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Pumpkin Scones in A Winter Wonderland

I finally got that snow I’ve been wishing for!!

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It seems everywhere in Canada has had a major snowfall except for Toronto. The surrounding areas look like a Winter Wonderland, and yet the city is still bare.

I always used to complain about snow. Mostly about how much I hate shovelling it. For the record, shovelling is still at the bottom of my list of activities. But it now officially feels like winter to me. Even if I do have to ditch the snow crystals for pavement if five short days.

The snow is also making me want to do winter activities. Like tobogganing and ice skating. And of course… baking.

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Let me tell you, a 28 oz can of pumpkin can go far. So far I’ve gotten a cake, a big batch of pancakes, two bowls of oatmeal and now a batch of scones out of it.

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I feel like me and the mushy stuff have turned a corner this holiday season. I still like my oats better without it, but I no longer fear adding pumpkin to baked goods.

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I asked my family if they wanted pumpkin chip bread or scones, and the scones won out. Most of the pumpkin scone recipes out there are meant to mimic the Starbucks version. You know, the one that’s 480 calories.

No thanks. I believe I ate enough of those triangle cakes when I was a barista and at my heaviest weight.

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Instead, I opted for this Joy of Baking recipe with a few changes, of course.

  • 1 cup all purpose flour
  • 1 cup whole wheat flour
  • 1/3 cup brown sugar
  • 1/2 teaspoon ground ginger
  • 1 teaspoon ground cinnamon
  • 1 teaspoon baking powder
  • 1/2 teaspoon baking soda
  • 1/4 teaspoon salt
  • 6 tablespoon cold butter, cut into pieces
  • 1/2 cup plain fat-free yogurt
  • 1/2 cup fresh or canned pure pumpkin (if using canned pumpkin make sure there are no spices or sugar added)
  • 1 teaspoon pure vanilla extract

Egg Wash:
1 large egg
1 tablespoon eggnog

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Mix together the flours, sugar, spices, salt, baking soda and powder. Add your cold butter pieces and mix until crumbly. Some people do this with a fork, I find my hands to be a lot more effective.

Stir in yogurt and pumpkin, kneading a few times to get all the dry mix in. Shape into a circle around 7 inches by 1 1/2 inches. Cut into 8 triangles and transfer to a greased baking sheet. I stack two baking sheets to prevent burning on the bottom. Then mix up the egg wash and brush on the tops. Bake for 20 minutes at 400F.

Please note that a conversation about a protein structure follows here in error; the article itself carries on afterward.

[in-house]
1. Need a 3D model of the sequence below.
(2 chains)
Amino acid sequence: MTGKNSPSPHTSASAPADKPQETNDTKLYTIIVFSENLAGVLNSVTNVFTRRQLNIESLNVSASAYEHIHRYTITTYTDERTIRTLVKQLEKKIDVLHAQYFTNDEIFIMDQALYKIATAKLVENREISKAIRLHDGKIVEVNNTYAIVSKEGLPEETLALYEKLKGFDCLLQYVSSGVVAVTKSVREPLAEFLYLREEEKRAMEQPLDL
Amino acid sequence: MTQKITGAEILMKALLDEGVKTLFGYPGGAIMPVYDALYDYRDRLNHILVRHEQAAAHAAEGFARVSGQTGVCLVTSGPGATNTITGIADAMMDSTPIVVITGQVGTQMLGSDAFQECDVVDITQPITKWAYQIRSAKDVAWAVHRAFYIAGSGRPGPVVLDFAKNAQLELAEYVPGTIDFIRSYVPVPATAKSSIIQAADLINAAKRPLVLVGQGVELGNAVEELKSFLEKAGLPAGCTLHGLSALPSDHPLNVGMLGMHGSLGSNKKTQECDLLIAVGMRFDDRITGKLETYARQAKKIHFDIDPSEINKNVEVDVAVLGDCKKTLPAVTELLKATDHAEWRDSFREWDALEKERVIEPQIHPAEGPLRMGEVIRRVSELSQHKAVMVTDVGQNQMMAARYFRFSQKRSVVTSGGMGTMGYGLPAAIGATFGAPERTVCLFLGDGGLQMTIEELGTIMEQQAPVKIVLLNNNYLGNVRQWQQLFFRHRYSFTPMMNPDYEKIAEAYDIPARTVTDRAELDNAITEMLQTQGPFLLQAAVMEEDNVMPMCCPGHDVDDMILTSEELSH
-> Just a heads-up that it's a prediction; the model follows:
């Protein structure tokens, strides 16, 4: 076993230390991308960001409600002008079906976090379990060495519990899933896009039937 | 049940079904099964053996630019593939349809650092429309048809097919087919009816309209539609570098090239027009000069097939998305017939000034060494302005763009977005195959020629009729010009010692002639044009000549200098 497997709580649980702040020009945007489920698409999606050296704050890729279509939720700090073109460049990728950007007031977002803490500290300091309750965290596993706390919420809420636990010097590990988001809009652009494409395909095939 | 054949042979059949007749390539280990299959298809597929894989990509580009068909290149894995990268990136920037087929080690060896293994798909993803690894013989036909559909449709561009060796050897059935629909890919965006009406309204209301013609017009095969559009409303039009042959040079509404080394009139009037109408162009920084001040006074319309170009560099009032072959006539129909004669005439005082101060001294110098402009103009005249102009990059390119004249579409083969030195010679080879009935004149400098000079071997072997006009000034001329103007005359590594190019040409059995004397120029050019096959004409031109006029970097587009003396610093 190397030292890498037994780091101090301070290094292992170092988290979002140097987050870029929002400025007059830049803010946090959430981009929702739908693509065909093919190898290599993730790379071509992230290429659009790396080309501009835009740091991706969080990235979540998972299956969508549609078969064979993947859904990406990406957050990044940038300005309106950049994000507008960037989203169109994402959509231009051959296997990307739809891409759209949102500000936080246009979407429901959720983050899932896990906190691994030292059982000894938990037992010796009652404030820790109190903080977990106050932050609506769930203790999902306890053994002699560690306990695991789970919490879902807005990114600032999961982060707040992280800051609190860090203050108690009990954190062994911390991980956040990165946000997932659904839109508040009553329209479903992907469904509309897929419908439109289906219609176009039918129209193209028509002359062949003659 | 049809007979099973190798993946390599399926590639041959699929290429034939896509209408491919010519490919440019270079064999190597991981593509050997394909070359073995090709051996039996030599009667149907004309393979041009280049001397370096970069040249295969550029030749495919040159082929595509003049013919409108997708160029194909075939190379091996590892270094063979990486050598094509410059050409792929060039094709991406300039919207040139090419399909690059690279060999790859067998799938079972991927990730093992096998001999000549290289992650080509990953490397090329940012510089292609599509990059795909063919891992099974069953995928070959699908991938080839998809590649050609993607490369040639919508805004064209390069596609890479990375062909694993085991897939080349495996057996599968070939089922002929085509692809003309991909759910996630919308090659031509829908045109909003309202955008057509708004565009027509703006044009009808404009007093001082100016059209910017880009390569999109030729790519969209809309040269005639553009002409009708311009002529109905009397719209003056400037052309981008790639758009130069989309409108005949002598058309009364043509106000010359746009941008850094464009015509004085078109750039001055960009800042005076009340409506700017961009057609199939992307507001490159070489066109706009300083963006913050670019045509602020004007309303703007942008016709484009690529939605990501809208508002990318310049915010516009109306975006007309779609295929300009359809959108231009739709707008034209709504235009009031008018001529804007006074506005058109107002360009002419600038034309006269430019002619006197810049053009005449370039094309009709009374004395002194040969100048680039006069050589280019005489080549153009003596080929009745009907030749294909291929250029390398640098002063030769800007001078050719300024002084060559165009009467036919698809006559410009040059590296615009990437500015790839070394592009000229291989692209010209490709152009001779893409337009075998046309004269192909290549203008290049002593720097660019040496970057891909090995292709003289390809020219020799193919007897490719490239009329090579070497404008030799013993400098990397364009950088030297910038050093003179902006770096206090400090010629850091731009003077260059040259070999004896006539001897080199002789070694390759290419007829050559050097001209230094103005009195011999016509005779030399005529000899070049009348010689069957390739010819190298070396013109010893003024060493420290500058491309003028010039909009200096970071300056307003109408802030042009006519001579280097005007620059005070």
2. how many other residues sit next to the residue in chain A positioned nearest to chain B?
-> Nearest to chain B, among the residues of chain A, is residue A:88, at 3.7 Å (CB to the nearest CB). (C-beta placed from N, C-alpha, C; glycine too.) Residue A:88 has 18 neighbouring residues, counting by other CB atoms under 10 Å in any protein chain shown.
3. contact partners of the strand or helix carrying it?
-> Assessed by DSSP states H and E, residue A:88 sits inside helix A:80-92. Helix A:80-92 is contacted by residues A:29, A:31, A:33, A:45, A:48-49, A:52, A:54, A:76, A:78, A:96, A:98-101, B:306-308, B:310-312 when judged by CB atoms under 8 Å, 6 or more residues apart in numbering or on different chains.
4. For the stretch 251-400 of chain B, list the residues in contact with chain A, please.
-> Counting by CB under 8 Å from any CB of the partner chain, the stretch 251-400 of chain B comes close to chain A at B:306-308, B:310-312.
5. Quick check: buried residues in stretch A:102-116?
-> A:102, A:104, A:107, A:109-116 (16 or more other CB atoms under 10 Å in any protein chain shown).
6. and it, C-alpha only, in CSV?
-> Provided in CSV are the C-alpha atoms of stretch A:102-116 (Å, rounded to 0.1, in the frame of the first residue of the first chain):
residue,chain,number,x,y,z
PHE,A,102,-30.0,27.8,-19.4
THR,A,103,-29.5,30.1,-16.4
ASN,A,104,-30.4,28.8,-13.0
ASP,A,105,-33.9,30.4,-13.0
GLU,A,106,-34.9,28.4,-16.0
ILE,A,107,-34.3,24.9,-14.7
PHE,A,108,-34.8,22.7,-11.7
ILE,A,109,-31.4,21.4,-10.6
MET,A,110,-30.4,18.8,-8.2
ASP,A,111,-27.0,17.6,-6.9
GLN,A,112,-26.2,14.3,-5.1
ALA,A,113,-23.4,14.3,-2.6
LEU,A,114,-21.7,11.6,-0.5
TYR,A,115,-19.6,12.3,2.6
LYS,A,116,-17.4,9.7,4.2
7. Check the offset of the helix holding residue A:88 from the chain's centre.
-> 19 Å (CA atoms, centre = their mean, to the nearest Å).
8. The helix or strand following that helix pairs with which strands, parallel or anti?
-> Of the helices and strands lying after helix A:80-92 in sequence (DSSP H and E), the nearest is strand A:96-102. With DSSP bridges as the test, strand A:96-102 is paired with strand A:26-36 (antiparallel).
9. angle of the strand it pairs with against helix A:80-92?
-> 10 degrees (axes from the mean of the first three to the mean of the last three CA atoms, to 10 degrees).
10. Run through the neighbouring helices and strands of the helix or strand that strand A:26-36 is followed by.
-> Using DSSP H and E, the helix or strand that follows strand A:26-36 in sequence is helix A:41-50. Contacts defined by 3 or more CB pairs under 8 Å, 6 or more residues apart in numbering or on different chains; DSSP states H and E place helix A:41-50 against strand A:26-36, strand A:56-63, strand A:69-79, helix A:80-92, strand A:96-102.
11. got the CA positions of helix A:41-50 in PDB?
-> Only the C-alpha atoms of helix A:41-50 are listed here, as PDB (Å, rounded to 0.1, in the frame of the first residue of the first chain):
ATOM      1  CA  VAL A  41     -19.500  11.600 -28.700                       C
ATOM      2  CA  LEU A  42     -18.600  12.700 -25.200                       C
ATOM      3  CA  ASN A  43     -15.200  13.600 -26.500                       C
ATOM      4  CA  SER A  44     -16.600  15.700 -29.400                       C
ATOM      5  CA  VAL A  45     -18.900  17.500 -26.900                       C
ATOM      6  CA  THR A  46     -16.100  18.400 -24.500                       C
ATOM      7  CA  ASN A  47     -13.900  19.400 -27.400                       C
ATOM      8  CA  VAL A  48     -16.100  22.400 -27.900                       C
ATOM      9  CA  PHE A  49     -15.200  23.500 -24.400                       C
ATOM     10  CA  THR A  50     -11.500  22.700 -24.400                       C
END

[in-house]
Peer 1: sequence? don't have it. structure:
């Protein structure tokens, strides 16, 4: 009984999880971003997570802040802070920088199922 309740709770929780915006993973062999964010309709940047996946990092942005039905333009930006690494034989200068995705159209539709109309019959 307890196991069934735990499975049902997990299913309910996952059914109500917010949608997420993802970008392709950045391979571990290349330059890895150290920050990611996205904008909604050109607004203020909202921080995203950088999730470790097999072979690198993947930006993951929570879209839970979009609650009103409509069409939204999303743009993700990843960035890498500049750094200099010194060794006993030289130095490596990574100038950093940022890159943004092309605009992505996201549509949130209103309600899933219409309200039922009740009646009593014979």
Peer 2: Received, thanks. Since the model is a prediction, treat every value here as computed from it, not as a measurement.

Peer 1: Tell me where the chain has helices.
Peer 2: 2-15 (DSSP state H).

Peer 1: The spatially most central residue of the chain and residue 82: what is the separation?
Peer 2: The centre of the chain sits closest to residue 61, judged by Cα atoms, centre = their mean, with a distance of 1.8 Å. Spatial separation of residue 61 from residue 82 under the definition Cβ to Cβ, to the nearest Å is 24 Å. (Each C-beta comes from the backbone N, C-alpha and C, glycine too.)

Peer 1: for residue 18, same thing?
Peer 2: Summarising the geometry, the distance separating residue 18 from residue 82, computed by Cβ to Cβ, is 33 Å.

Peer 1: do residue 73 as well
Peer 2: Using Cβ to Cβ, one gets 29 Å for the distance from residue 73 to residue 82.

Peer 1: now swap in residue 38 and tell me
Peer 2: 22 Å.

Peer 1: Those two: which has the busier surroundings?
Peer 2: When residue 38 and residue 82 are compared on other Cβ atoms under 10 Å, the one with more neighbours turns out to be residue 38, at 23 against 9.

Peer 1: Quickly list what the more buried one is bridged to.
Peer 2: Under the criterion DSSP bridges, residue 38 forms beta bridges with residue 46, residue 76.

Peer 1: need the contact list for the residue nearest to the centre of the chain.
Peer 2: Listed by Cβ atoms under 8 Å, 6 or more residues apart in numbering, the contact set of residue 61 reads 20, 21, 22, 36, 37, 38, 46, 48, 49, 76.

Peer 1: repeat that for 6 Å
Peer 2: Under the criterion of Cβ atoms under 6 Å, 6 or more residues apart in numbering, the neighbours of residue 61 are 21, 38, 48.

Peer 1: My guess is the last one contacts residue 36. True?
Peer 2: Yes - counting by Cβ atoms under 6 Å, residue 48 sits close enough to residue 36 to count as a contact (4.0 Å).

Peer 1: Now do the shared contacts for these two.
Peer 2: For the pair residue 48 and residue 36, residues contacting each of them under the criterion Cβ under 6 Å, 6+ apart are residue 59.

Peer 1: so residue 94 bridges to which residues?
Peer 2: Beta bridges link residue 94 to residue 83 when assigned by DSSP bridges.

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They rose up big in the oven! I probably could have cut them smaller, but it also meant more scone for me.

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I was barely done taking photos before my family started attacking these.

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Scones fresh from the oven on a winter day, aahhh. These were a brimming success. Slightly spicy, a little hearty, with that soda-scone taste I love. My 12-year-old step-bro had two. And he’s never even had scones before.

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Another day, another mess in my mother’s kitchen. Muhaha ;)

The scones acted as a great snack to hold us over until supper. We ended up going to the Old Triangle, an Irish pub here in Moncton.

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From left to right: Me, my step-dad Mark, oldest sister Sara, Mom, middle sister Jane, and her partner Renaud. Behind the camera is Heather, who had quite the time trying to capture everyone in my zoomed 50mm lens.

I remember when I posted this picture in this post, Callie called me out for having a drink in each hand.

Well, like mother like daughter. One of each colour!

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I stuck to Diet Coke as I was the DD. I had to take this motley crue home in the minivan.

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Can’t we all just stay here together forever? I promise to bake scones!

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But I can’t promise I won’t make a mess ;)

Christmas Dinner: The Recipes

Now that the leftovers are gone, I feel ready to talk about their recipes!

These are some of the more unique dishes we enjoyed on Christmas Day. Ones we’ll definitely be making again.

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First up is the Wife Saver.

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The name of the dish comes from my step-dad’s family who make a very similar breakfast for Christmas Day. But it isn’t the same recipe as theirs. I also call this a savoury bread pudding and based it off of the Pioneer Woman’s version.

  • 3-4 cups cubed stale bread (I used a fluffy French bread, but a denser bread works much better)
  • 1 lb cooked ham, rinsed and cubed (rinsing it will make it less salty)
  • 3 cups chopped spinach
  • 1/2 cup chopped green onion
  • 4 eggs
  • 1 cup egg whites (or another 4 whole eggs)
  • 1 cup milk
  • 1 cup plain yogurt
  • 1 tbsp dijon mustard
  • 1 cup grated or crumbled cheese (I used old cheddar)
  • Pepper to taste

Layer your bread, ham, spinach and onion in a greased casserole dish. Mix together the remaining ingredients and pour over top. Bake for one hour at 350F. This can be made the night before and popped in the oven in the morning. I made it the morning of and just let the bread soak up the liquid for an hour before baking.